Clause 3. No State shall, without the Consent of Congress, lay any Duty of Tonnage, keep Troops, or Ships of War in time of Peace, enter into any Agreement or Compact with another State, or with a foreign Power, or engage in War, unless actually invaded, or in such imminent Danger as will not admit of delay.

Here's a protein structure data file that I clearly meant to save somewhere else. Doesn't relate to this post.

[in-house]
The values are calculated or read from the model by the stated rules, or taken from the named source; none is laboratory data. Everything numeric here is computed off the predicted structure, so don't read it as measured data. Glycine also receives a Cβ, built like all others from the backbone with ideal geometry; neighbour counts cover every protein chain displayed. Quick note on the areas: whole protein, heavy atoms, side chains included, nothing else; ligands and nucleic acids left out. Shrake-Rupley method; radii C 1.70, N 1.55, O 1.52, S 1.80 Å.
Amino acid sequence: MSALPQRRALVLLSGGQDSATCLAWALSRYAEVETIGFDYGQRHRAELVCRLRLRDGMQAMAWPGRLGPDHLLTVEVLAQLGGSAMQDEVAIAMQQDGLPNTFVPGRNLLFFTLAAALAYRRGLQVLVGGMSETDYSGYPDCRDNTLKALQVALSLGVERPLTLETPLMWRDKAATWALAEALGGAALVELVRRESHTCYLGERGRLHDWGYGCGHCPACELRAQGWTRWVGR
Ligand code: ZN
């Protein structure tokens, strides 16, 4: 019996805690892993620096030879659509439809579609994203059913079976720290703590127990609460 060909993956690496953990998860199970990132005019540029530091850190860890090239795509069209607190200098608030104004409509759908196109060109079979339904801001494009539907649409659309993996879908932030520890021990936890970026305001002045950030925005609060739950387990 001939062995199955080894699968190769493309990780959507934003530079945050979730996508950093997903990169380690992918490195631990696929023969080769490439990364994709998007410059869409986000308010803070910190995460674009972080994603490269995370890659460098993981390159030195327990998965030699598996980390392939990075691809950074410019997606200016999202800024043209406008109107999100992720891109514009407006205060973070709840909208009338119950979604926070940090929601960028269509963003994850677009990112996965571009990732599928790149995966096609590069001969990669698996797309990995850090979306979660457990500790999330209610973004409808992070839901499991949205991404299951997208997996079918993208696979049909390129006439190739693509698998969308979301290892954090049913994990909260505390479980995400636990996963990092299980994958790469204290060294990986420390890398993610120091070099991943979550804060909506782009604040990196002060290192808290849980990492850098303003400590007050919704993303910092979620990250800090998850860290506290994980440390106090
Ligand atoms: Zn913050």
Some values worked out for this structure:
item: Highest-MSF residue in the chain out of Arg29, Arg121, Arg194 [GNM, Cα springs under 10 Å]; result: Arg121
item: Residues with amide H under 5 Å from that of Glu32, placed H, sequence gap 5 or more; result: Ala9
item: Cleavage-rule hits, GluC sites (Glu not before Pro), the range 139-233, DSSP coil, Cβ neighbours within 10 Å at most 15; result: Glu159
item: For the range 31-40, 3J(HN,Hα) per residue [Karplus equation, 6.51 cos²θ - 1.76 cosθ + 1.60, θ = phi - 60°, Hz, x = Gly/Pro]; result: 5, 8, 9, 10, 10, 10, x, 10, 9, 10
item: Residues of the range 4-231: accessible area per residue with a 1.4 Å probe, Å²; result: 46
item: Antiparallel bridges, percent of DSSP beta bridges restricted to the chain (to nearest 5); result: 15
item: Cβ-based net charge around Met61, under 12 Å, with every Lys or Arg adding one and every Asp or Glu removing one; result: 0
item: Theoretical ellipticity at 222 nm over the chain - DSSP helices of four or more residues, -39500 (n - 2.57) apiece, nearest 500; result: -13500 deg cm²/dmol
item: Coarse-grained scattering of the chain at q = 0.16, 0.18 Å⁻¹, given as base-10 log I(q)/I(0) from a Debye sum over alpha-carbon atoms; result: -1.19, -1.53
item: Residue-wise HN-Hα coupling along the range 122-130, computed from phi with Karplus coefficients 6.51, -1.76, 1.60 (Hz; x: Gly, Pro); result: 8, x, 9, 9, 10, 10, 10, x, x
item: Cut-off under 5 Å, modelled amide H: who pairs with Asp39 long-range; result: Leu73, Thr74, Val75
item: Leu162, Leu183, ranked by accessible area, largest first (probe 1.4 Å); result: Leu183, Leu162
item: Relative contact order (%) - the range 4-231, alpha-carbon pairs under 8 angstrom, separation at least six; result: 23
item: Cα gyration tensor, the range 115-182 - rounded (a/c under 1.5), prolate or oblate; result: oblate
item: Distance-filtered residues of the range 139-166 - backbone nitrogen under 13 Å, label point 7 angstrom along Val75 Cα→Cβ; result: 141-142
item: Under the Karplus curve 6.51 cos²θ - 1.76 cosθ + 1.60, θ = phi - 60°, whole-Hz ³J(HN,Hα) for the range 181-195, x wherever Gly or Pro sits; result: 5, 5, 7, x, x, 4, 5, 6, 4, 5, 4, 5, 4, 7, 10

The prohibition against tonnage duties embraces all taxes and duties, regardless of their name or form, whether measured by the tonnage of the vessel or not, which are in effect charges for the privilege of entering, trading in, or lying in a port. But it does not extend to charges made by state authority, even if graduated according to tonnage, for services rendered to the vessel, such as pilotage, towage, charges for loading and unloading cargoes, wharfage, or storage. For the purpose of determining wharfage charges, it is immaterial whether the wharf was built by the State, a municipal corporation, or an individual. Where the wharf was owned by a city, the fact that the city realized a profit beyond the amount expended did not render the toll objectionable. The services of harbor masters for which fees are allowed must be actually rendered, and a law permitting harbor masters or port wardens to impose a fee in all cases is void. A State may not levy a tonnage duty to defray the expenses of its quarantine system, but it may exact a fixed fee for examination of all vessels passing quarantine. A state license fee for ferrying on a navigable river is not a tonnage tax but rather is a proper exercise of the police power and the fact that a vessel is enrolled under federal law does not exempt it. In the